The goal of this mission was to scan for a Gravimetric site and return with proof. I was a little confused starting out because I wasn’t sure I had the right skills trained or gear fitted to my ship, but upon accepting the mission, an Aura tutorial popped up and said “you will need Astrometrics trained to level 1, and a Core Probe Launcher fitted to your ship”. The first mission mentioned training Astrometrics (I think the pacing of the second mission was to allow Astrometrics to complete while doing the tutorial) so I had that trained up already. I fitted the Core Probe Launcher and undocked to continue.
And… I got lost. The tutorial said to use the “silver control handles” to move the probe, but I couldn’t figure out where those were, or what to click to get them to display.
After clicking around for a bit (ugh!) I discovered that the other “Solar System Map” is the one I wanted. There is a “Solar System Map” tab and a “Solar System Map” button, on the Map control panel. It’s the button that displays the “silver box view”, not the tab. I think better wording would help that out as well.
It took me a while to triangulate on the Gravimetric site, partly due to challenges manipulating the probes and visualizing 3D scan volumes.
I finally got a 100% from the scan and warped off to the area to pick up proof that I found it. The area had some crazy looking asteroids ready for mining, plus a canister containing the proof I needed for the mission.
I’m going to watch some videos that Seamus Donohue of EVE University makes available – there is a series on the tutorial missions. The instructions provided in-game are adequate but I think some tips from the EVE Uni video series will also be really helpful.
The EVE University videos were fantastic and I picked up a lot of tips for Exploration and moving probes: shift- and alt- (or option-) click to move/control probes is very useful. Orbiting the station while scanning, to avoid slowly flying out of the solar system, is also a great tip. With this new information I went to practice in the next mission. Unlike the video, I did each scan separately, which takes longer, but I could use the practice doing it.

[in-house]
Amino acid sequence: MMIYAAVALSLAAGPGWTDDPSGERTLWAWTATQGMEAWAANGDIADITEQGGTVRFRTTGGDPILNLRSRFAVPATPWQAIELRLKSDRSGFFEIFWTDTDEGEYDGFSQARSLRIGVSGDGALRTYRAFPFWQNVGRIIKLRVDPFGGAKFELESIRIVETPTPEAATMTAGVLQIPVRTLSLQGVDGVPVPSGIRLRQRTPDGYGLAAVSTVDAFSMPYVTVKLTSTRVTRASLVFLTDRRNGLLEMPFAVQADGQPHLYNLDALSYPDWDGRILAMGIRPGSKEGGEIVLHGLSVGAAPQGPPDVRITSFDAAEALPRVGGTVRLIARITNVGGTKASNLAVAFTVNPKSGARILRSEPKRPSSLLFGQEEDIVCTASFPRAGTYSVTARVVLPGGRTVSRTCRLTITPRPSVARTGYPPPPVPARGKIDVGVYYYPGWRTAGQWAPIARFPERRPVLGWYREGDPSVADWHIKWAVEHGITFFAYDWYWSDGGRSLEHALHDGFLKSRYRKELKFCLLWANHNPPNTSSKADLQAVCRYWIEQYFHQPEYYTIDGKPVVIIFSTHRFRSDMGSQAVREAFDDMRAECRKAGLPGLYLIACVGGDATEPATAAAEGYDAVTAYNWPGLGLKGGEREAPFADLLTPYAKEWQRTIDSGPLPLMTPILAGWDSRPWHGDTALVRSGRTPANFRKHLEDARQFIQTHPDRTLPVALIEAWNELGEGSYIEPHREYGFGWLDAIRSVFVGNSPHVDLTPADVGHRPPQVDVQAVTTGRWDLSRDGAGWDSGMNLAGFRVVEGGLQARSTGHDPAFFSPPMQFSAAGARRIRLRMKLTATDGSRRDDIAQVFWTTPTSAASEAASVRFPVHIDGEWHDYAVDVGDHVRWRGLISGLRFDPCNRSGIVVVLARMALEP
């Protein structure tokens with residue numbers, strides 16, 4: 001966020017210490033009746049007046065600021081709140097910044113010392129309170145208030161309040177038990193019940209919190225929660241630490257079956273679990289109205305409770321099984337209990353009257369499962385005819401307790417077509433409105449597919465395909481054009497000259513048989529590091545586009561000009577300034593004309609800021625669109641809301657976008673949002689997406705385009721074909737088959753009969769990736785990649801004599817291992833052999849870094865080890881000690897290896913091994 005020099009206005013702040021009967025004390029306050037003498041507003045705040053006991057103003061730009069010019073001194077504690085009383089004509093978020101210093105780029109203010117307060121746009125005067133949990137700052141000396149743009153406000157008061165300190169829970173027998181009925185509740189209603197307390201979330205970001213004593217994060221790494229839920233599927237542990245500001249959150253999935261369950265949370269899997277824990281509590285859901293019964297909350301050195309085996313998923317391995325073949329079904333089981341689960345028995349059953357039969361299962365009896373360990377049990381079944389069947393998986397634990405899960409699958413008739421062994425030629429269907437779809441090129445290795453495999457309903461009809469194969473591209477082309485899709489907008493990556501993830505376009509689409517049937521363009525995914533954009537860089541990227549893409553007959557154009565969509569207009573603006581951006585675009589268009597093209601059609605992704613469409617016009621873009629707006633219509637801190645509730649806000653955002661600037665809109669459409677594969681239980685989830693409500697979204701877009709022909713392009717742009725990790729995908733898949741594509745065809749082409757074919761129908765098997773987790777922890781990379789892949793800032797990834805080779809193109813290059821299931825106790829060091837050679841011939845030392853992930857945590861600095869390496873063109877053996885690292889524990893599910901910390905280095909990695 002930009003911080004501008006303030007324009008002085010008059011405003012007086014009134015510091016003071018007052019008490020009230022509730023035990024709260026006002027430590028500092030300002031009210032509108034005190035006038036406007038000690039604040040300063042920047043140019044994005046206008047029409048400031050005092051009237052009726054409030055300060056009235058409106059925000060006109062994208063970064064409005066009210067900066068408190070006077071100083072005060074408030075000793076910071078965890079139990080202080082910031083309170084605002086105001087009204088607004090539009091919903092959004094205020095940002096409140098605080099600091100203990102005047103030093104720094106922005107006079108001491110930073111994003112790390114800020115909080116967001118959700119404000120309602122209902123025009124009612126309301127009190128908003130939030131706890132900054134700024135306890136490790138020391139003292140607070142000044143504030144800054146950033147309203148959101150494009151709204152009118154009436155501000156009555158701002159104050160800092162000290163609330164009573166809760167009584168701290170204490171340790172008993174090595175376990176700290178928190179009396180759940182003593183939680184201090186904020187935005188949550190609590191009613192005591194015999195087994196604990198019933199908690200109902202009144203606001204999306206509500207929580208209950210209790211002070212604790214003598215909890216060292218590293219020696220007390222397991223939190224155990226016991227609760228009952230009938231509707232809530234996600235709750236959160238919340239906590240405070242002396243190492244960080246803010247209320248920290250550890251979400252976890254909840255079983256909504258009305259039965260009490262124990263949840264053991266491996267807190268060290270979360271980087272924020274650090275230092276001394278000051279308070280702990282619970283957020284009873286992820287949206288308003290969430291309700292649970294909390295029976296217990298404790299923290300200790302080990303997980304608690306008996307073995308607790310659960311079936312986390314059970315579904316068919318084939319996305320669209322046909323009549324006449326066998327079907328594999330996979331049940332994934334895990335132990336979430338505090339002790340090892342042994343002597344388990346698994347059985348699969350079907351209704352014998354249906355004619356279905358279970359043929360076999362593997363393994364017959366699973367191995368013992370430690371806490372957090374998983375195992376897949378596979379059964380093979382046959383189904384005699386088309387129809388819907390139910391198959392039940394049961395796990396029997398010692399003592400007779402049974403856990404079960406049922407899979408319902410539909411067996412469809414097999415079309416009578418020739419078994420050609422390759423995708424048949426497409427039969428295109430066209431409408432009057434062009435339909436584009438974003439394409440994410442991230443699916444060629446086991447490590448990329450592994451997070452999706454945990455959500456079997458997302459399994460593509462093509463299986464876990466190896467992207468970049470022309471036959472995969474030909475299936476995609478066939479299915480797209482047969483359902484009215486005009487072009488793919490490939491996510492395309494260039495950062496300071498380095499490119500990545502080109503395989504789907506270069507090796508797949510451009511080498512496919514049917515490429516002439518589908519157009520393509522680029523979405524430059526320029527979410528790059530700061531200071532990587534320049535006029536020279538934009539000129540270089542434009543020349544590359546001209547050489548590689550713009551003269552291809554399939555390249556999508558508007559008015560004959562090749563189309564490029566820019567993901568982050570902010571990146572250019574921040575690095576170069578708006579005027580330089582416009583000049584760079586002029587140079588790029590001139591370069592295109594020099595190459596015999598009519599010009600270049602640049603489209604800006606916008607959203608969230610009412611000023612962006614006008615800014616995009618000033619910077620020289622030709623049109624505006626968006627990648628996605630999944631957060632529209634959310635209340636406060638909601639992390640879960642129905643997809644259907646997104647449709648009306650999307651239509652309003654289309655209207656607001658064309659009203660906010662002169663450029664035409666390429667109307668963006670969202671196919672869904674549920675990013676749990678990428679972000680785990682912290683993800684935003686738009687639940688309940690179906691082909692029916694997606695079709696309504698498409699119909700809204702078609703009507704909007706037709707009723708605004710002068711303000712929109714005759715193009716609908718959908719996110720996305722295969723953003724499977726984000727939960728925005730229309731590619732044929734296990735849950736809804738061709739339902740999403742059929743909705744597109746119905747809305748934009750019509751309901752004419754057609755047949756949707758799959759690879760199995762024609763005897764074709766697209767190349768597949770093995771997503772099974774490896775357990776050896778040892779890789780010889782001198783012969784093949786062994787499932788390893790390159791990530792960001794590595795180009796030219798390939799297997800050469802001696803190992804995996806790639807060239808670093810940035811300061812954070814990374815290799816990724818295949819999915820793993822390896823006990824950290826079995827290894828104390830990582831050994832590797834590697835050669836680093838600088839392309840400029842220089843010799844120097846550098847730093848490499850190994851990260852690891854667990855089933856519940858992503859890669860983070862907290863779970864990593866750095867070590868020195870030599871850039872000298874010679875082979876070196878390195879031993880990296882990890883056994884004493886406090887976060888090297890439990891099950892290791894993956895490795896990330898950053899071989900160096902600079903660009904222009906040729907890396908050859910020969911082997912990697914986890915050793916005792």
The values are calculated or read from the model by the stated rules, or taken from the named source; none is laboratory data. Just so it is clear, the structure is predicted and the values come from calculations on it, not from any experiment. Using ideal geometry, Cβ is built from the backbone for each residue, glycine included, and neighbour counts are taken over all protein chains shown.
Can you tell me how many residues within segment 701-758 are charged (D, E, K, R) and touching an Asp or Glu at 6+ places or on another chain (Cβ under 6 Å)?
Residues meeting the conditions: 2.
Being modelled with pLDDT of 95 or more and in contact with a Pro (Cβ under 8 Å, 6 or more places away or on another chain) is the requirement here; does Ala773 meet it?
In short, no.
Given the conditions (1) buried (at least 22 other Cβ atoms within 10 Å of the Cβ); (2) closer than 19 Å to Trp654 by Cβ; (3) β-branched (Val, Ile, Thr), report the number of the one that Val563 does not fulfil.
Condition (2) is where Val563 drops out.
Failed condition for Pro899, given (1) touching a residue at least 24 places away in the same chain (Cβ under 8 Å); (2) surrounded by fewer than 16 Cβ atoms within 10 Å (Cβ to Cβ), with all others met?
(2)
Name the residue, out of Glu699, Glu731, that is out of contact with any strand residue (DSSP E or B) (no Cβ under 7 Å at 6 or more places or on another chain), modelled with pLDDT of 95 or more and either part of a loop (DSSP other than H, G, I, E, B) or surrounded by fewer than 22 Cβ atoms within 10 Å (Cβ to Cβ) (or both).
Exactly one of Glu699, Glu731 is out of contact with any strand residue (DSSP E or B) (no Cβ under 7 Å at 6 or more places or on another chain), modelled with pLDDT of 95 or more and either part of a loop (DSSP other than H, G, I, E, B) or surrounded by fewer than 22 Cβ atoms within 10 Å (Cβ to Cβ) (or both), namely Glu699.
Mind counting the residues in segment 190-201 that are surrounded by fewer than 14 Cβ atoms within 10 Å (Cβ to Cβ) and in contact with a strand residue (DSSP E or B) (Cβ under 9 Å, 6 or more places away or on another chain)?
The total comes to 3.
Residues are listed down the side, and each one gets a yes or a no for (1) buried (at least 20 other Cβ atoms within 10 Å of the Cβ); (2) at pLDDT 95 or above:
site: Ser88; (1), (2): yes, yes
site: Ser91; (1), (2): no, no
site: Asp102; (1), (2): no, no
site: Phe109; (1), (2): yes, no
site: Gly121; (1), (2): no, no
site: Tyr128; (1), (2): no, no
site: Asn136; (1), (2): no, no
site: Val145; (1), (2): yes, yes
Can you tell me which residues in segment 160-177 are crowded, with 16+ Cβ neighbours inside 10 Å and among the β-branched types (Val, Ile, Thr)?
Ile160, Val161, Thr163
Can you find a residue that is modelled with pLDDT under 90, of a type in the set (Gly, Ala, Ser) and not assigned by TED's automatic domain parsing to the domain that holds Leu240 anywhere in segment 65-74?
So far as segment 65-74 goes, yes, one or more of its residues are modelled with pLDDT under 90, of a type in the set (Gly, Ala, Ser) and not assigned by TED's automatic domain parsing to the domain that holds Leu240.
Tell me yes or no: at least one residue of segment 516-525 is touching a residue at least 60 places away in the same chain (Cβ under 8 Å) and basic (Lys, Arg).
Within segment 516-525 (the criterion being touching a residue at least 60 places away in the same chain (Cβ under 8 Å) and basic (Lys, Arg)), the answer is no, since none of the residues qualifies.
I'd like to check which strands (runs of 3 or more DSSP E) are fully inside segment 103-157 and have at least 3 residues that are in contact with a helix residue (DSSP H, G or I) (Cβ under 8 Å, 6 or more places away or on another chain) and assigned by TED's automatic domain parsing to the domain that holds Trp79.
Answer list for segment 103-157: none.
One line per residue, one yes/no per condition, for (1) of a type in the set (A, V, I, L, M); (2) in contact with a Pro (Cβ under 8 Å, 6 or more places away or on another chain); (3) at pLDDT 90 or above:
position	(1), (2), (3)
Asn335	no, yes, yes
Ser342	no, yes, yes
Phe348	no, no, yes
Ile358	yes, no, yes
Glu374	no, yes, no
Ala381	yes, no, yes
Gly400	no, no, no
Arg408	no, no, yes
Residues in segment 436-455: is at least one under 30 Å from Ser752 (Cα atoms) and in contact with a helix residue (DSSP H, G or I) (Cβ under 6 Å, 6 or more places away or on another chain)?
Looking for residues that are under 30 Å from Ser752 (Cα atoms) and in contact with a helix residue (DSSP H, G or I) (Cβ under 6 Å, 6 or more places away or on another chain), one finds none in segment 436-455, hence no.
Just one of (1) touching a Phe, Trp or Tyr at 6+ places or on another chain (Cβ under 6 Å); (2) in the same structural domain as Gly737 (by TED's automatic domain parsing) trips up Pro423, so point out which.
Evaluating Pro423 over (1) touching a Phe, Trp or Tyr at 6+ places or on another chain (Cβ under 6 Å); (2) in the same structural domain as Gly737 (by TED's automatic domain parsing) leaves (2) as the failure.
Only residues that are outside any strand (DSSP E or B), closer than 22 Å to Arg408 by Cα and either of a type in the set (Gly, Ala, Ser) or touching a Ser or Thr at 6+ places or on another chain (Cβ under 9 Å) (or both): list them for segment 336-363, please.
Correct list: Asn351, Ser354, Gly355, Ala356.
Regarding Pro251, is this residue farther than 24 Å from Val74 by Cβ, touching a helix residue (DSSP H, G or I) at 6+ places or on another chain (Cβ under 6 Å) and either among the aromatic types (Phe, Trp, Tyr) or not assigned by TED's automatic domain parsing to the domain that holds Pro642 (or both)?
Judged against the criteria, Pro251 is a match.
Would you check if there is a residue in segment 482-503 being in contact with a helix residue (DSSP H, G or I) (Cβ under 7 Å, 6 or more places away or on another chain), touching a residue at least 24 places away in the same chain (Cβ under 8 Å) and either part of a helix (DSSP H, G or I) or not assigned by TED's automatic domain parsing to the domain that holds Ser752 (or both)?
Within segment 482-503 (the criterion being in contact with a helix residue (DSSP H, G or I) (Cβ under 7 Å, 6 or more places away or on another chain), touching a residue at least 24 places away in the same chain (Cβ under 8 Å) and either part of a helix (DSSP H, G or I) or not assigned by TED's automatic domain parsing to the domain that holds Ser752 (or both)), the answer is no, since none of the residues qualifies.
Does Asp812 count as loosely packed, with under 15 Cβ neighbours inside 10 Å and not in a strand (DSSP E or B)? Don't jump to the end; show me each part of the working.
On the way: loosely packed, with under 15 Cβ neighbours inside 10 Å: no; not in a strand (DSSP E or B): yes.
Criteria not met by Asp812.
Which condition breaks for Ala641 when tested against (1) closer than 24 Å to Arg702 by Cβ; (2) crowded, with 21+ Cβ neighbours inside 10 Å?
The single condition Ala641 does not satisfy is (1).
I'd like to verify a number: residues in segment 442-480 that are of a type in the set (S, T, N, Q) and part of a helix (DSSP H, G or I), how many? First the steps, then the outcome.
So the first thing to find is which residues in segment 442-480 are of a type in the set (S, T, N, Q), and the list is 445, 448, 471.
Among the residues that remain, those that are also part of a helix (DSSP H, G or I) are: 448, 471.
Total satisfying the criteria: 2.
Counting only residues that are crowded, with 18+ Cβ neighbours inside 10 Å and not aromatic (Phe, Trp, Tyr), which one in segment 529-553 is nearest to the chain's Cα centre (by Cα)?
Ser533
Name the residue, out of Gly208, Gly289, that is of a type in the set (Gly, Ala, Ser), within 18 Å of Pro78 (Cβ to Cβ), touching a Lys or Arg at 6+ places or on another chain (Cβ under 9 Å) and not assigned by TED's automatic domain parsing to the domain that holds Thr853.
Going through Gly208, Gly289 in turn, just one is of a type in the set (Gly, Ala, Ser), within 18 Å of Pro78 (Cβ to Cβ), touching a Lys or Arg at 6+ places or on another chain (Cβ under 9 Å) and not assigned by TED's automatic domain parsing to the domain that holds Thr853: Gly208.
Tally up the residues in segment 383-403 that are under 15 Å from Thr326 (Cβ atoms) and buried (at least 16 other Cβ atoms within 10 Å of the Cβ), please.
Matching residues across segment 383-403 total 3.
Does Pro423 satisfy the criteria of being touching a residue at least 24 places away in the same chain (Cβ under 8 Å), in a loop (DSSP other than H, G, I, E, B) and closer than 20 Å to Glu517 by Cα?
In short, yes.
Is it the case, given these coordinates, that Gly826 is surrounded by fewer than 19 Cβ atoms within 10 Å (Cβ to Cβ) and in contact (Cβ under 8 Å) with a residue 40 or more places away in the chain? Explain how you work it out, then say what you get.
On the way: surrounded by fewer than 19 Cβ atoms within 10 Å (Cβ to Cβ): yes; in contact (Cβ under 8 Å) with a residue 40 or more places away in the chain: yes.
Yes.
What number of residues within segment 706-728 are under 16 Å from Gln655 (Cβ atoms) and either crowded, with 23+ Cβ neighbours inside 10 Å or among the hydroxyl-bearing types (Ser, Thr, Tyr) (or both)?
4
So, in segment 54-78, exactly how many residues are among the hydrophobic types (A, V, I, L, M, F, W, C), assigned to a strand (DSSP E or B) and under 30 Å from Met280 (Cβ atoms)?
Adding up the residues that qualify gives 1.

I took me several minutes to close in on the location, but I finally did it. The area had some floating space junk but I was just there to retrieve my proof of discovery.
This time the goal was to scan for a Radar site. I was provided with a Civilian Codebreaker, used to bypass security on the electronics systems inside. In this training area, it is risk free. However, in a real Radar site, failure to hack might alert owners to my presence.
I’m getting a bit faster; this scan only took half the time of the previous one. Most of that is due to handling the 3D view better as far as positioning probes, and moving them as a group. My mission reward was ISK and a skill book: Astrometric Pinpointing. I can’t train that until I train Astrometrics to level 4.
The final exploration mission was to scan for a Ladar site. These are the Gas Cloud Harvesting sites. I had some trouble zeroing in on the location… need more practice with probes and optimum triangulation setups. I narrow the location down to two points, meaning 3 probes can see it in their sphere, but screw up the next step and lose the signal, for some reason.
To help, I disabled a few of the probes and concentrated on getting their sphere to overlap the circles (when 2 probes detect a site) or the yellow points (when 3 probes detect a site). This worked pretty well and I finally found the Ladar site for this mission.
Final Exploration Reward
I finished up and received another ship, an Imicus! I couldn’t resist undocking and flying around enough to take a screenshot or two. It is very worth while doing these tutorial missions. The ones I have left are: Military and Advanced Military, Industry, and Business. I’ll probably do Industry or Business next, and save the Military ones for when I have enough time to do both.
The more I think about it, exploration is brilliant. I haven’t even used it outside the intro missions (yet) but the overall mechanism is simply brilliant.
Not everyone might find it fun, but I think it fits EVE perfectly: it boils down to puzzle solving to find the correct place to go. That puzzle blends real-world technologies (satellites, geolocation) with abstract math (intersection of spheres), jazzed up with EVE sci-fi tech (scan drones) and skills (astrometrics and astrometric pinpointing; basically raising the limit on the number of drones you can deploy and their scan error).
Think about a typical MMO that wants to make an exploration puzzle to find a dungeon. Eventually the solution will be posted online. However, for exploration in EVE, the locations (puzzle solutions) aren’t fixed, they move around periodically. You can’t just solve the puzzle for everyone forever, or even for yourself (bookmarked locations will eventually become worthless) – somebody who want to find an exploration site needs to do the steps. That’s just brilliant design and implementation.